Improving HTTPS Website Security Level

HTTPS finally spreads around the web and is getting more and more the de facto standard for websites. A few months ago Mozilla released its tool Observatory for testing website security level. It rates in form of grades from A+ (best) to F (worst). Following you’d see how to reach an A+ on your website and how to implement it in WordPress.


First of all you’ll need – of course – an HTTPS encrypted website. If you don’t have it right now visit (for example) Let’s Encrypt project for details.

Now check your website by visiting Observatory’s homepage and pasting your URL. You’ll propably get a result like these:

You can improve website security level by implementing a couple of server headers. These can be set using different ways, for example via PHP as shown below.

Recommended security headers

To get an A+ from Observatory you have to set following headers (click on name for details):

  • Content-Security-Policy
    • Defines from what sources your content is allowed to be loaded. Default should be 'self' only allowing content from your own website. If you have to use content from other websites, e. g. Google Fonts or Gravatar, you should only load it from HTTPS encrypted sites. Additionally directive frame-ancestors controls framing of your website in modern browsers
    • Recommended value: default-src: 'self'; frame-ancestors: 'none'
    • Optional: Overwrite concrete -src definitions to enable functionalities, e. g. script-src: https: for loading scripts from external sites
    • No go: Usage of 'unsafe-inline' as Observatory will punish it (especially in script-src)
  • X-Frame-Options
    • Disables framing of your website in older browsers (see also Content-Security-Policy)
    • Recommended value: DENY
  • X-Content-Type-Options
    • Disables loading content without correct file type (only loads what pretends to be an image if it is actually an image)
    • Recommended value: nosniff
  • X-XSS-Protection
    • Prevents XSS attacks in older browsers
    • Recommended value: 1; mode=block
  • Strict-Transport-Security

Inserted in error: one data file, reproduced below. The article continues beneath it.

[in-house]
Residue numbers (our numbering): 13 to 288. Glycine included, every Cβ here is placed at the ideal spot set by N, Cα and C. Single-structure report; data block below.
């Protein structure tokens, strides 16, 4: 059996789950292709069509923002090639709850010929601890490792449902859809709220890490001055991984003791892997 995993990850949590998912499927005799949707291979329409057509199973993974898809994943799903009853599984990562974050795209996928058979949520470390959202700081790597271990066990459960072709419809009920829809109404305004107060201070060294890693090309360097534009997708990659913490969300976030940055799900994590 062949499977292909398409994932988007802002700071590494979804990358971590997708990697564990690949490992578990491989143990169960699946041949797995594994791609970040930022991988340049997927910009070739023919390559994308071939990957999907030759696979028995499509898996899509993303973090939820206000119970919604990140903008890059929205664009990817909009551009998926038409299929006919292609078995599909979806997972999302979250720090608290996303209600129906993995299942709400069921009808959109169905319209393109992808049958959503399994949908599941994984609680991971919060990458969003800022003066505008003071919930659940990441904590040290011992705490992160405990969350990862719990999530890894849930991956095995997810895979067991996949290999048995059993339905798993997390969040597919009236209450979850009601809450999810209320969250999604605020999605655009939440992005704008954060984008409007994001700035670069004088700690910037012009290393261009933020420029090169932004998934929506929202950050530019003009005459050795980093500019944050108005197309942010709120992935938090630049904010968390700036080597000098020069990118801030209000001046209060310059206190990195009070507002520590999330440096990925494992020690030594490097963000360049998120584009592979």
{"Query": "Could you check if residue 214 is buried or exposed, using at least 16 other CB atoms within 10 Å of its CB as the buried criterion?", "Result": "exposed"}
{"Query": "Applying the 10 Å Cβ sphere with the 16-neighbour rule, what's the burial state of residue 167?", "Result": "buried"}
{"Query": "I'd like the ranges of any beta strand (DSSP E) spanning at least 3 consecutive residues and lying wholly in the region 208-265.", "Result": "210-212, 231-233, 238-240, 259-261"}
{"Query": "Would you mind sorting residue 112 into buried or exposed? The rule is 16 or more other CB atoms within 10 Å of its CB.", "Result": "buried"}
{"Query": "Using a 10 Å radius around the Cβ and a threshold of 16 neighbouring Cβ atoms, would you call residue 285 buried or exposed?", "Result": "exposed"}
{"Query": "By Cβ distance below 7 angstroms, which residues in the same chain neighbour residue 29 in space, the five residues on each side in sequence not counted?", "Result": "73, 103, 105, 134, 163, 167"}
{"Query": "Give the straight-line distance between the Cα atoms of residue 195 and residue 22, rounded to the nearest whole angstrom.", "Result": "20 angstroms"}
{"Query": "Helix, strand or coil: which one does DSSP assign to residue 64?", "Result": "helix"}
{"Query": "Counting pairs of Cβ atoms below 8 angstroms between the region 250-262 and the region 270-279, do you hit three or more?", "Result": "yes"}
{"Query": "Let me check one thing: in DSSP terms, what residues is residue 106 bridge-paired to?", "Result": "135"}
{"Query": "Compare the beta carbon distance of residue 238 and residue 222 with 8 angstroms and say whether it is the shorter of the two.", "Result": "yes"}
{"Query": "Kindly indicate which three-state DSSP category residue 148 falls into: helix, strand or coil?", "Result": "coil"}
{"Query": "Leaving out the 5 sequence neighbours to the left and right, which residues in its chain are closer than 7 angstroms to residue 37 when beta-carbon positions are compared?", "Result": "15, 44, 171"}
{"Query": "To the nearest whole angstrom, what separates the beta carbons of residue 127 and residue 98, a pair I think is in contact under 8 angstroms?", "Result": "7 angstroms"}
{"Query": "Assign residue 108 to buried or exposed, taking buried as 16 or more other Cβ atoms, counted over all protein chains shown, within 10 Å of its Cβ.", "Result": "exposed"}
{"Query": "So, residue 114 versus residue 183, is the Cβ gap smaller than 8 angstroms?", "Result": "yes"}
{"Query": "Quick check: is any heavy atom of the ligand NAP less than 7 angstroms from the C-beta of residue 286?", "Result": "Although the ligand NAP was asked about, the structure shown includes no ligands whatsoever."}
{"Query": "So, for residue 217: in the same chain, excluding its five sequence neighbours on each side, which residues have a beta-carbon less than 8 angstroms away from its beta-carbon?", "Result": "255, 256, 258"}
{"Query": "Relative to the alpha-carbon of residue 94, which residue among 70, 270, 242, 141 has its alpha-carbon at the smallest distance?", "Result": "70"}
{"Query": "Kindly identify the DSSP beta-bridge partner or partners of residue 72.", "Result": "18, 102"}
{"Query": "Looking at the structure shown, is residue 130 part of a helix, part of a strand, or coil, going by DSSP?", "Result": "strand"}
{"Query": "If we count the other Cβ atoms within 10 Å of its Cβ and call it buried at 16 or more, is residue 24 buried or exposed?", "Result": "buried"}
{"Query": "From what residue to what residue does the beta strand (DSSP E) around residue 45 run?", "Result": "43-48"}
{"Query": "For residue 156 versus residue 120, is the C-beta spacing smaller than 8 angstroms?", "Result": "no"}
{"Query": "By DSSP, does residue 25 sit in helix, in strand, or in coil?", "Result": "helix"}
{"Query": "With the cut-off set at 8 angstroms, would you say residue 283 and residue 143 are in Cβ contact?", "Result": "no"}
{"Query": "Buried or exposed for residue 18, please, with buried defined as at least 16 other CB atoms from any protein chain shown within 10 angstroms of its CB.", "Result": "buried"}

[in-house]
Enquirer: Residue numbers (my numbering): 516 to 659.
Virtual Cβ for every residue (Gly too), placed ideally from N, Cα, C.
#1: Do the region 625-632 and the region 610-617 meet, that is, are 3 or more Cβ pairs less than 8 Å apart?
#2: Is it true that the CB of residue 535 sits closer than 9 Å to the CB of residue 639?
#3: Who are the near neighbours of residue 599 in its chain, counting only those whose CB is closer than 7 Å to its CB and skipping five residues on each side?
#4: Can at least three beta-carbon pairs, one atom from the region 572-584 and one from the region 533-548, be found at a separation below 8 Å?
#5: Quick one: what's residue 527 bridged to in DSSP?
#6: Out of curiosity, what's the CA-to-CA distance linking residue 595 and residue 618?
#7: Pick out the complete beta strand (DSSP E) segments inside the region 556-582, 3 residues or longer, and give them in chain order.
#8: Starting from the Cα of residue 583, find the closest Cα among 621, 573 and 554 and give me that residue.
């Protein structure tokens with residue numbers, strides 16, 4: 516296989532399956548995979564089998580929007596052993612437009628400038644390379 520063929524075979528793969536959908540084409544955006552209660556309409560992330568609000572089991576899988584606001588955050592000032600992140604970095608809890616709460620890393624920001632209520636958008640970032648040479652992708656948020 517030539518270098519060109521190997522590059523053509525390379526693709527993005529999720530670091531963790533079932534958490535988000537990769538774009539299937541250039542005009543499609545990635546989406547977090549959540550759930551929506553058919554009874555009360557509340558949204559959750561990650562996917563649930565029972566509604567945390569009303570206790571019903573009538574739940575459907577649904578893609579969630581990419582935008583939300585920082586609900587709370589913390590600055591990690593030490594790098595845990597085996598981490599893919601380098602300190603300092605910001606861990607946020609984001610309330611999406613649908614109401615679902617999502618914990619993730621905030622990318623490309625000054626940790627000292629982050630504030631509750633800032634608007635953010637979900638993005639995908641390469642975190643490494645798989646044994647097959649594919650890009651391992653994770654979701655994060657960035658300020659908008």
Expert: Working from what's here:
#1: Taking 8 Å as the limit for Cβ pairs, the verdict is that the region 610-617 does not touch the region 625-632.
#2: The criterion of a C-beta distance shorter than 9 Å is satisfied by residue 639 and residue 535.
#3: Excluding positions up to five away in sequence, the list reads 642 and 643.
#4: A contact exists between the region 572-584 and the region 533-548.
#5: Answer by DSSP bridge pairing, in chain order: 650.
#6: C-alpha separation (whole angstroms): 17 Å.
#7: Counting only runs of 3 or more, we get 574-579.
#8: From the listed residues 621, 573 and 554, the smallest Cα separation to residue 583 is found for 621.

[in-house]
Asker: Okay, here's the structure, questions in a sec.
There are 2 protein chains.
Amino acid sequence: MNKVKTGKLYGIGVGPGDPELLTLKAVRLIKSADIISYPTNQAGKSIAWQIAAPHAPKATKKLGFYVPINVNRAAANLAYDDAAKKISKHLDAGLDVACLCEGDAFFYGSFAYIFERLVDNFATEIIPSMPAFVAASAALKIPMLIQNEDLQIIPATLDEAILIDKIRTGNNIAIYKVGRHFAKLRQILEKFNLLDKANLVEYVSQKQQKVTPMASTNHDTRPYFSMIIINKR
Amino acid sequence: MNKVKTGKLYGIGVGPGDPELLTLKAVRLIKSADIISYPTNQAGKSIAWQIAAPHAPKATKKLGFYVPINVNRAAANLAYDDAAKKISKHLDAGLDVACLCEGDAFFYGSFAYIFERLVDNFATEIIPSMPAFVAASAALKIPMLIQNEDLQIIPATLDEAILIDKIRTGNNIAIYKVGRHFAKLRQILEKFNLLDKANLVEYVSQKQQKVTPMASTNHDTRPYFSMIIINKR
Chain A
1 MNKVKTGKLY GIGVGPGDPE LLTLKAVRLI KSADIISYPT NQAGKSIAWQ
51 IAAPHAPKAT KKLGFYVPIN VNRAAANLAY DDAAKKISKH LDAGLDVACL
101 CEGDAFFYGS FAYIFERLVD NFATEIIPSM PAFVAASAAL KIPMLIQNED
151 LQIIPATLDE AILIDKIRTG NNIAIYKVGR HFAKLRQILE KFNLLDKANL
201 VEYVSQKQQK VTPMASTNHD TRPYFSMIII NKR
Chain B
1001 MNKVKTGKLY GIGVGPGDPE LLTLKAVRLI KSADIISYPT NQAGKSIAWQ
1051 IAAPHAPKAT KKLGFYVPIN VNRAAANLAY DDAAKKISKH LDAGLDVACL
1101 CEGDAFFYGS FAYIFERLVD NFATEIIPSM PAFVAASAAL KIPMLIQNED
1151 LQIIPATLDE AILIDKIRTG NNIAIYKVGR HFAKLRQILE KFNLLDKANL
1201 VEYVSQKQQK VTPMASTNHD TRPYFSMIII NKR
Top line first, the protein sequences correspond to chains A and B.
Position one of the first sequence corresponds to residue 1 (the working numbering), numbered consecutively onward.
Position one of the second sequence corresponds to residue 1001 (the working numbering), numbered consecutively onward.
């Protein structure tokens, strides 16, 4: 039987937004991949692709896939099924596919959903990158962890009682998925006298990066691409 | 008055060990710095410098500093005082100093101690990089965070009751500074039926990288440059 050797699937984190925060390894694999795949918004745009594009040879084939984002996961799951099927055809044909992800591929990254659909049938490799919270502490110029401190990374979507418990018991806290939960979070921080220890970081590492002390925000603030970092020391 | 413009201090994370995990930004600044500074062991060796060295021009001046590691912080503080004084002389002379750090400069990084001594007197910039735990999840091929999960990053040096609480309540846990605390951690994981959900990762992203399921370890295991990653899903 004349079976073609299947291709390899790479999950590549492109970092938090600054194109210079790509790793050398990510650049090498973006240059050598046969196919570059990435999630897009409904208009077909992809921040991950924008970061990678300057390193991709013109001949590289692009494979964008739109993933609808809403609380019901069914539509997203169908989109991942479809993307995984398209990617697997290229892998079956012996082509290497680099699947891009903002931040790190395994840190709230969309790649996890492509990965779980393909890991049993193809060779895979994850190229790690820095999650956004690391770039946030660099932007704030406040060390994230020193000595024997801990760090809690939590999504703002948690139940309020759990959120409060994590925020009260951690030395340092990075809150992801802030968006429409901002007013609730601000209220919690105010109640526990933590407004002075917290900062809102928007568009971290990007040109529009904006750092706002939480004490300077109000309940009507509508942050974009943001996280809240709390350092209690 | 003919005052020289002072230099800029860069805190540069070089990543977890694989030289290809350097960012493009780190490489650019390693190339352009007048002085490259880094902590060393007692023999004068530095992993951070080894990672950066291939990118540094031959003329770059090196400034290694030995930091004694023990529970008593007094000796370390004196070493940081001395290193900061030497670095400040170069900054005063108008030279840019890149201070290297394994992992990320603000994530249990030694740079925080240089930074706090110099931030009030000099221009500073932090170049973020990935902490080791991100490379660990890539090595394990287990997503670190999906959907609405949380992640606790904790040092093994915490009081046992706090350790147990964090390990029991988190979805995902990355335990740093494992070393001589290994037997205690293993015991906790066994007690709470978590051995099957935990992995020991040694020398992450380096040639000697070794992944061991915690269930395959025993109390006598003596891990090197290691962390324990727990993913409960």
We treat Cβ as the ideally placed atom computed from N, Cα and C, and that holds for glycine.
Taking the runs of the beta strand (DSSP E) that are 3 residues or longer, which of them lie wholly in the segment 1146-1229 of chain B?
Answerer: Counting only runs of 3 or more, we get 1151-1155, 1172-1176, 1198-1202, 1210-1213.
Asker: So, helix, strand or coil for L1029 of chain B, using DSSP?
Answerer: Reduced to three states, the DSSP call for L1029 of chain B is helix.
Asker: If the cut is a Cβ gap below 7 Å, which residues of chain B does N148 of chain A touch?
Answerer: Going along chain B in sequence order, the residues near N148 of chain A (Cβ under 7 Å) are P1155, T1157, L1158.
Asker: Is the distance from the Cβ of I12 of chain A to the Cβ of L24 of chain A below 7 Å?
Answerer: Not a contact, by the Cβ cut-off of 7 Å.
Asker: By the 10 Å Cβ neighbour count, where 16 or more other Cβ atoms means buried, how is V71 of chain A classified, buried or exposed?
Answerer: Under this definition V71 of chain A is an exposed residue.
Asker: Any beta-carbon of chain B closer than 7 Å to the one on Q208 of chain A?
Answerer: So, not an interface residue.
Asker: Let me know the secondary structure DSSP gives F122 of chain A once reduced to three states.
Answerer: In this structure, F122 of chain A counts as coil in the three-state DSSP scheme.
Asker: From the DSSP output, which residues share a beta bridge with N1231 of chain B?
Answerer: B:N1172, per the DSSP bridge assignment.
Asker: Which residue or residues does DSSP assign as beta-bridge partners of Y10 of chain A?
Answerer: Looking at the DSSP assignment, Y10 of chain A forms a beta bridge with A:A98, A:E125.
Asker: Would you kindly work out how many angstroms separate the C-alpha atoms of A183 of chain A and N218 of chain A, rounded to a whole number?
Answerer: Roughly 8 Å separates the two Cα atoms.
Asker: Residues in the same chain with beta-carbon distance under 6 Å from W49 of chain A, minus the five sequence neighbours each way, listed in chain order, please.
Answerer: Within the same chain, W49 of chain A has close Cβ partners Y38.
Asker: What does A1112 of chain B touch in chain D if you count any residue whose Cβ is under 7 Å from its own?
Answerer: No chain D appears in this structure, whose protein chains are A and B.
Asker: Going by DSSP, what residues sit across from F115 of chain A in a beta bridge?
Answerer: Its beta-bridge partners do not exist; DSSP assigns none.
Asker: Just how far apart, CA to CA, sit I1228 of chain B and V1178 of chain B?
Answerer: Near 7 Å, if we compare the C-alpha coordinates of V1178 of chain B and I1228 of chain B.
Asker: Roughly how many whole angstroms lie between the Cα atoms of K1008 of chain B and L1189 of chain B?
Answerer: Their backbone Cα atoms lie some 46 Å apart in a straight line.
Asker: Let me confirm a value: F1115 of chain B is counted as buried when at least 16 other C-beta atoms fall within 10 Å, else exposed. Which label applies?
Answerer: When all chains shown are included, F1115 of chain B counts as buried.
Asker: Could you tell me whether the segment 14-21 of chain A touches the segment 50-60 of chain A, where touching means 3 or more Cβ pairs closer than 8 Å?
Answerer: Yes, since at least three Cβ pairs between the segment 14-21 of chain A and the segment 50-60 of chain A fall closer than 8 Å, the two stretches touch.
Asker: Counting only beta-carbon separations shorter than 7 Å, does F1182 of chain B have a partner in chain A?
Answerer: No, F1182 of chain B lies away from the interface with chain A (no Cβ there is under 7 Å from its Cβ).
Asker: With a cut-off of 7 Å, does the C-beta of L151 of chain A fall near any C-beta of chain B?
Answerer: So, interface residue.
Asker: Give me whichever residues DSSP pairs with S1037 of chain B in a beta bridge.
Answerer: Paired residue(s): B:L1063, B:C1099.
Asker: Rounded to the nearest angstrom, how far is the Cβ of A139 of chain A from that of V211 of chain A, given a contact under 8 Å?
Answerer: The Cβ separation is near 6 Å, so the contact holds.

• Tells browsers to only load your website over HTTPS connection for given amount of time
    • Recommended value: max-age=15768000 (half a year)
    • Optional: Set a time frame longer than 15768000 seconds
    • No go: Set a time frame shorter than 15768000 seconds (half a year) or longer than 31536000 seconds (a year)
  • Permanent HTTP Redirection
    • Redirects all incoming HTTP requests to HTTPS. For example if you call it will redirect it automatically to preserving given request parameter (“somerequest”)
    • Set this directly in server config or use PHP code below

If you’ve set all headers you’ll get a ranking like following

Nota bene: As you can see I’m using style-src: 'unsafe-inline' because my template is requiring it. But it’s still A+ so I’m fine with that

Implementing security headers in WordPress

In admin panel go to Appearance > Editor and edit Main Index Template (index.php).

Insert after first <?php

// Permanent HTTPS Redirect
if (empty($_SERVER['HTTPS']) || $_SERVER['HTTPS'] == "off") {
  header('HTTP/1.1 301 Moved Permanently');
  header('Location: https://' . $_SERVER['HTTP_HOST'] . $_SERVER['REQUEST_URI']);

// Security Headers
$cspHeader = array();
$cspHeader['default-src']       = "'self'";
$cspHeader['font-src']          = "data: https:";
$cspHeader['img-src']           = "https:";
$cspHeader['style-src']         = "https: 'unsafe-inline'";
$cspHeader['frame-ancestors']   = "'none'";
header("Content-Security-Policy: " . implode('; ', array_map(function ($key, $value) { return $key . ' ' . $value; }, array_keys($cspHeader), $cspHeader)));
header('X-Content-Type-Options: nosniff');
header('X-Frame-Options: DENY');
header('X-XSS-Protection: 1; mode=block');
header('Strict-Transport-Security: max-age=15768000');